When the Indian team arrived on the Caribbean shores in 1970-71, Lloyd was a part of a declining champion team while Wadekar led a young side that was looking to unleash upon the world the now maturing Spin Strategy. While Tiger Pataudi had visualized and nurtured it, the responsibility of elevating it to its deadly potential was now Wadekar’s.
Over the course of a few weeks early in 1971, the fortunes of the two men would dramatically diverge. Clive Lloyd scored 295 runs in the series of 5 Test matches, Wadekar only 151. But Wadekar was the man who would be remembered forever whenever there was a discussion of this series.
Wadekar’s tactical acumen asserted itself right at the start of the series. In the first Test match at Kingston, Jamaica, India got a lead of 170 runs in the first innings. The West Indies were getting ready to field when Wadekar walked into the opposition dressing room and in his quiet, effective manner, told a stunned and confused Sobers that he would be enforcing the follow-on. Due to rain on the first day, the match had become a four-day affair. The rules in cricket clearly stated that with a lead of more than 150 runs, an opposing team can enforce a follow-on. India, through this manoeuvre, had managed to get the initial psychological advantage. It didn’t matter that the match ended in a draw.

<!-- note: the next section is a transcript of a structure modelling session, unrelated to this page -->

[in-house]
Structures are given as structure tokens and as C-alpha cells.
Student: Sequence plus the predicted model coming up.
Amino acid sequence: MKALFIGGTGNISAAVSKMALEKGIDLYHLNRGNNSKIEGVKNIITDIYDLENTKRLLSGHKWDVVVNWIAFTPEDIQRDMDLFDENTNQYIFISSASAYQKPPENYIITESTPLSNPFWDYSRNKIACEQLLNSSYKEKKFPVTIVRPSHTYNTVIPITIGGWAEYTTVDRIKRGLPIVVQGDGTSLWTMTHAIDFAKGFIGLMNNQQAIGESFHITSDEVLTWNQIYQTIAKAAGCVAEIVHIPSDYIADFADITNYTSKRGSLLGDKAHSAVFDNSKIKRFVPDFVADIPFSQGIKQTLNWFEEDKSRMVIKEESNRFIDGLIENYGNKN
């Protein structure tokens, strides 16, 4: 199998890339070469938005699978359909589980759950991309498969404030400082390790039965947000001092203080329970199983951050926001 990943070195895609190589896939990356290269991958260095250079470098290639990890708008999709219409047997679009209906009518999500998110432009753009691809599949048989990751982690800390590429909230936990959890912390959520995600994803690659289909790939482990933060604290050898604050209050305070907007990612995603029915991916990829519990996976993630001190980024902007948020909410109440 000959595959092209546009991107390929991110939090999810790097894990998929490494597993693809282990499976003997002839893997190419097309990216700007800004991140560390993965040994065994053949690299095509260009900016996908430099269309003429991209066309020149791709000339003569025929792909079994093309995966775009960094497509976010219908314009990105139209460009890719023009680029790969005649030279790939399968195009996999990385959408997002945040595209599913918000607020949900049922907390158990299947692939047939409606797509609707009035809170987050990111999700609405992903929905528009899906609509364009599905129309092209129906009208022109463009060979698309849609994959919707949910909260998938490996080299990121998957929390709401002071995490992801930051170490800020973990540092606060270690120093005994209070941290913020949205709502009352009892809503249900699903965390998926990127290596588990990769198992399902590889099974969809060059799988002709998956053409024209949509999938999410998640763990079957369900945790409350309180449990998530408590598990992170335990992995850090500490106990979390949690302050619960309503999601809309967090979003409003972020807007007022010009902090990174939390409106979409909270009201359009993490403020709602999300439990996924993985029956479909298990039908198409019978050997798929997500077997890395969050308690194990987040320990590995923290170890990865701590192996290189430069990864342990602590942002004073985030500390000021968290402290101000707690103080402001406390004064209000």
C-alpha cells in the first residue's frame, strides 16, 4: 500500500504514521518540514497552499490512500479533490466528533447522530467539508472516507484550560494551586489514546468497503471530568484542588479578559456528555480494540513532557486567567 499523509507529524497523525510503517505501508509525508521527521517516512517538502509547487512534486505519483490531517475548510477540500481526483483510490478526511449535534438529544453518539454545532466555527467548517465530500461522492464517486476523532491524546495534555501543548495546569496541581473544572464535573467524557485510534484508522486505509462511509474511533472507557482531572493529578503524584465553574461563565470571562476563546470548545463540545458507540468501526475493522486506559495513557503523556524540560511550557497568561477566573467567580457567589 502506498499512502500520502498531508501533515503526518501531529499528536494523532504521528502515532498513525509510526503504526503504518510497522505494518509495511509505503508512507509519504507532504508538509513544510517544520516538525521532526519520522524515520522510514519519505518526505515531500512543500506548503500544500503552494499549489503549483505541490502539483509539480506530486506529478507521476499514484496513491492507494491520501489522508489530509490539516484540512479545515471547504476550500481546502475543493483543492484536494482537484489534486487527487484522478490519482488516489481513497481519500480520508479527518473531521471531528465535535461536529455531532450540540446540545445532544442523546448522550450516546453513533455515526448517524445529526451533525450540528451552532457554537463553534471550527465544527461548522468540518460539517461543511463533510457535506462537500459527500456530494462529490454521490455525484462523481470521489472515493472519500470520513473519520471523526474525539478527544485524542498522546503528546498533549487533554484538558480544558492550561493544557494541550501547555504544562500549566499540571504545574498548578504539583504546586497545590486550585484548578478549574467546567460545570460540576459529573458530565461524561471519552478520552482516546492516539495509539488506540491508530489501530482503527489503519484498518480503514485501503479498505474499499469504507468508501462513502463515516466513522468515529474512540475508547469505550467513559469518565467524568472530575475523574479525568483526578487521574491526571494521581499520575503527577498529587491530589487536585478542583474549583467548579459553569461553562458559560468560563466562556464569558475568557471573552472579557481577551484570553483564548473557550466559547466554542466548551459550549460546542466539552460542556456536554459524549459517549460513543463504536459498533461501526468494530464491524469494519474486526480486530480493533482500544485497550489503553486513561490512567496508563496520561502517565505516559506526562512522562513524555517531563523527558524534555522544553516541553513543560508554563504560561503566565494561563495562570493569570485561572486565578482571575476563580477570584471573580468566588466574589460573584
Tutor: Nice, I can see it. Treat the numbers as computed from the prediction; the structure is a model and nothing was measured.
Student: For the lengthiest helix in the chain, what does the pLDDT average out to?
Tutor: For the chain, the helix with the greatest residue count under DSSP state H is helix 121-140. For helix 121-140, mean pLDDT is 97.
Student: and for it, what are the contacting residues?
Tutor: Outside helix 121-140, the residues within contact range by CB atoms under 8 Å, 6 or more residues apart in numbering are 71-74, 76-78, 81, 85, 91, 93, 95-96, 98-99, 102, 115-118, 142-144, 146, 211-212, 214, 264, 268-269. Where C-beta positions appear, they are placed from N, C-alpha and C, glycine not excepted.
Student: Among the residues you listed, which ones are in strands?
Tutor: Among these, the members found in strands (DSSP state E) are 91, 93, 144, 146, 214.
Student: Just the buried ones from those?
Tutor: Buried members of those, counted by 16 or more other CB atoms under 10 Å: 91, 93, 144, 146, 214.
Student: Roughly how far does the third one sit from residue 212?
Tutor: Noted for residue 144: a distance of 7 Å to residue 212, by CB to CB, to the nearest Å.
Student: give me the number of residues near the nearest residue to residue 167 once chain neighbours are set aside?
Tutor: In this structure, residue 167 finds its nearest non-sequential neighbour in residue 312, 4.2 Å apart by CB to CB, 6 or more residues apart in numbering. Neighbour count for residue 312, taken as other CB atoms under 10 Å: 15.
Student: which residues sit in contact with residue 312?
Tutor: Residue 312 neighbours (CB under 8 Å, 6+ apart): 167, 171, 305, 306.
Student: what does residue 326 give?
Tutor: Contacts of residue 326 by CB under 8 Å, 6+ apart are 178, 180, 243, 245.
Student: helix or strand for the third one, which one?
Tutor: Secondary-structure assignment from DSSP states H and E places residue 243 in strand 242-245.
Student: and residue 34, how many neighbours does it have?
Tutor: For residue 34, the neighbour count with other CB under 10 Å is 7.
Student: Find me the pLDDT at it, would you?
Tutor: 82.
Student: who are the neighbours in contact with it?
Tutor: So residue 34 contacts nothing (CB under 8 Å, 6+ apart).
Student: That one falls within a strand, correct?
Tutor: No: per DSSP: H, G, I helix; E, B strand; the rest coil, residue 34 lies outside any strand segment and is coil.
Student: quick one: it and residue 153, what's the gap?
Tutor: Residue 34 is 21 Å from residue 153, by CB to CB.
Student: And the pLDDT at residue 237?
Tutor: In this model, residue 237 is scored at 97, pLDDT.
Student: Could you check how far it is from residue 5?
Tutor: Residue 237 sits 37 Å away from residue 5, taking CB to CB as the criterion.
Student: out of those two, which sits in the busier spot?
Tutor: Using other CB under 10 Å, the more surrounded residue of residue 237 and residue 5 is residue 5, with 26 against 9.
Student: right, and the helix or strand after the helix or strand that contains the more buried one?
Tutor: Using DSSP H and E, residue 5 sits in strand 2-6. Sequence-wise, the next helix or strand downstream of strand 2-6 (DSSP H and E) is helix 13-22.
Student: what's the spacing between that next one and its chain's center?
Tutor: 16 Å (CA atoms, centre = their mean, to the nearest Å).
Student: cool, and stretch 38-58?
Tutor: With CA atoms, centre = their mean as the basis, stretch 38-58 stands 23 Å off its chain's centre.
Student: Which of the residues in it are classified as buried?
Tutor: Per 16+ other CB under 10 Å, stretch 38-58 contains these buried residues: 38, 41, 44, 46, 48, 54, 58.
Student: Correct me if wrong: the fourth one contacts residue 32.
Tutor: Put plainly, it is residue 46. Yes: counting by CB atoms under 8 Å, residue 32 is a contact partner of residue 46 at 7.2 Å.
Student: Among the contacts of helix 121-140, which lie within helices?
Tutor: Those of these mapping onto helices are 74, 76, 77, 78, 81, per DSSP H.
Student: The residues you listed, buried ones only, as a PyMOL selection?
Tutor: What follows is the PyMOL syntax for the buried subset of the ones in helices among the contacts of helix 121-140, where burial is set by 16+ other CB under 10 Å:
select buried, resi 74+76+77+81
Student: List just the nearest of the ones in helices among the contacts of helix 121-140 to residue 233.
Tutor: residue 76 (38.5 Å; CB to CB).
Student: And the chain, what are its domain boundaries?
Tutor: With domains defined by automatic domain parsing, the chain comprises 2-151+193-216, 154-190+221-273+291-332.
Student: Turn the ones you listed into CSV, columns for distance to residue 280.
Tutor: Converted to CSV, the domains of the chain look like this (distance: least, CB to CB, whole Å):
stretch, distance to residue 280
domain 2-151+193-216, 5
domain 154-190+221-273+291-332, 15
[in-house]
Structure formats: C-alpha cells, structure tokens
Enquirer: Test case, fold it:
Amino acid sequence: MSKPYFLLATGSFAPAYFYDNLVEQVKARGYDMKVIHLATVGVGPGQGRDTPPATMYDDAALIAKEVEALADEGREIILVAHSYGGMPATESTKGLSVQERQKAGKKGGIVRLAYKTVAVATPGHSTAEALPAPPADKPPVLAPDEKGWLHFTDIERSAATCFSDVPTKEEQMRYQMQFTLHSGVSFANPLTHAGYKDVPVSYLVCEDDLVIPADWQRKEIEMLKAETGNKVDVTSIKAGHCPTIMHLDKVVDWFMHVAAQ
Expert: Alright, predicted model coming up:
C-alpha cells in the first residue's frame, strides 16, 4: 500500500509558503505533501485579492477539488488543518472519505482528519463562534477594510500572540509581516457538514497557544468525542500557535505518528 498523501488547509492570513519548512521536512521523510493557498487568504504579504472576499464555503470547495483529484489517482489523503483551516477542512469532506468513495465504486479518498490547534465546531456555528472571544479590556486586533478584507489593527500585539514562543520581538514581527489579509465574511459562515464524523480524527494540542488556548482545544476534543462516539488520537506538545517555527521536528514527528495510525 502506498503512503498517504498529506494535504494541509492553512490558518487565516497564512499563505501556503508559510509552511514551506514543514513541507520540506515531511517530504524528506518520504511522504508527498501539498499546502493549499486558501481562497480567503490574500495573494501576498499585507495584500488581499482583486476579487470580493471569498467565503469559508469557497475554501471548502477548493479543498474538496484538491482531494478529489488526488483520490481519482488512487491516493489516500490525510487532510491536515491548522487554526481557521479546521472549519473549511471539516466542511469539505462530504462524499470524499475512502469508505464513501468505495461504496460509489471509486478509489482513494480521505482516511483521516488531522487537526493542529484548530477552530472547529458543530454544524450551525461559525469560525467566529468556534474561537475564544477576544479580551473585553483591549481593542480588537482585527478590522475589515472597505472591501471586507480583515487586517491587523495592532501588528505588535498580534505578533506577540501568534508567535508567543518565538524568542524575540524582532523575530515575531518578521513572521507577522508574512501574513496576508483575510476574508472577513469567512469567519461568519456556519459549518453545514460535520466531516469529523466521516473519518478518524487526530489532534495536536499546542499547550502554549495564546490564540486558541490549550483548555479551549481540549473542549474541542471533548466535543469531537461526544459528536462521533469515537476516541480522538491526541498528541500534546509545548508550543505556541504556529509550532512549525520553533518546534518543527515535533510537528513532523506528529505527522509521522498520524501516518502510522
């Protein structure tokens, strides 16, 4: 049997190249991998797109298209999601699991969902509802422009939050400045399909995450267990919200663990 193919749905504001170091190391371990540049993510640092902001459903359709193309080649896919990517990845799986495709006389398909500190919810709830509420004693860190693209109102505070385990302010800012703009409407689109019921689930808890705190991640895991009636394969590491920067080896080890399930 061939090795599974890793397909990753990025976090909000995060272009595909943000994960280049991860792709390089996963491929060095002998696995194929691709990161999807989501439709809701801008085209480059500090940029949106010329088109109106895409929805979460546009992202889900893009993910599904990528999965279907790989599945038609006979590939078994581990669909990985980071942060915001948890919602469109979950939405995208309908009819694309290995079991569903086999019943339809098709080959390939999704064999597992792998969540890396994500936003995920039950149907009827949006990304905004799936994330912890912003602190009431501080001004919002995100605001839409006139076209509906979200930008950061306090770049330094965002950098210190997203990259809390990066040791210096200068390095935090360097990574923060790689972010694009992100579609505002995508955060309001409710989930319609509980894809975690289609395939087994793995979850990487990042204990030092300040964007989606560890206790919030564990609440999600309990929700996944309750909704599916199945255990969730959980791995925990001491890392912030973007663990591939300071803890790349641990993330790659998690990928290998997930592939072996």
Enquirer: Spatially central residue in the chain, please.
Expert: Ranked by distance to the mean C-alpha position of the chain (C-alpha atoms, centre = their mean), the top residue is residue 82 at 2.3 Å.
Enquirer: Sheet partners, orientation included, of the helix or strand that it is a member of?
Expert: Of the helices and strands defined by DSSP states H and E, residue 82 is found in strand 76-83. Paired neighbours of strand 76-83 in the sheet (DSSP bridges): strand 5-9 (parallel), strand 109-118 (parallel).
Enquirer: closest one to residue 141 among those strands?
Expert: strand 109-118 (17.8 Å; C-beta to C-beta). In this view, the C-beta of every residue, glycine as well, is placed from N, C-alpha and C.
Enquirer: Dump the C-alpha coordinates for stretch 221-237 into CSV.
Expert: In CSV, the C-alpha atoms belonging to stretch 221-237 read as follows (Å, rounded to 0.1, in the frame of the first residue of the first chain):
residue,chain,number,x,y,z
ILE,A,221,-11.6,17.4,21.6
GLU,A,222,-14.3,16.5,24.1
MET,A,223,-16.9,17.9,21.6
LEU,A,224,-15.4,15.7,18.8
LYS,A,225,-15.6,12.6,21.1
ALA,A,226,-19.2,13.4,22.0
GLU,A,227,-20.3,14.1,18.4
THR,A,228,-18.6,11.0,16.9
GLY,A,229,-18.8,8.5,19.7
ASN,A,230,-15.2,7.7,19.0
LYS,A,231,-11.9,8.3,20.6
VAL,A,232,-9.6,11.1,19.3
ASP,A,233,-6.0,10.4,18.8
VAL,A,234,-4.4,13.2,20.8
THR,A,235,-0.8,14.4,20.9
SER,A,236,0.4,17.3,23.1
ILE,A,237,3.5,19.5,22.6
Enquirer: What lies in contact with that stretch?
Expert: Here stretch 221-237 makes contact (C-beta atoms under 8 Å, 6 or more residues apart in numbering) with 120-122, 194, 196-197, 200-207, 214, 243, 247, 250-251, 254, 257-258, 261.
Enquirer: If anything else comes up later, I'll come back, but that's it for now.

In the second Test at Port of Spain, Wadekar, in what some say was an inspired move, and other maintain was merely on the urging of his players, threw the ball to a mercurial and much under-appreciated spinner Salim Durani. Durani dismissed the great Garry Sobers and the in-form Clive Lloyd in successive balls just as the West Indies were taking the game away, breaking the back of the batting. India won the Test match and with it, the series, both for the first time in the West Indies. It also discovered its greatest opening batsman of all time, Sunil Gavaskar, who stamped his class on his debut series in no uncertain manner, scoring 774 runs.
With this series victory, in the course of two months, Ajit Wadekar had gone from worrying about his place in the side to national hero. Lloyd, on the other hand, would suffer the double ignominy of a loss to unfancied New Zealand, everyone’s whipping boy of the time, in a series that followed the defeat to India.
Follow the journey of the Debut Twins in Part 2 of the story as Wadekar enters the next phase of his career and Lloyd’s time in the sun begins.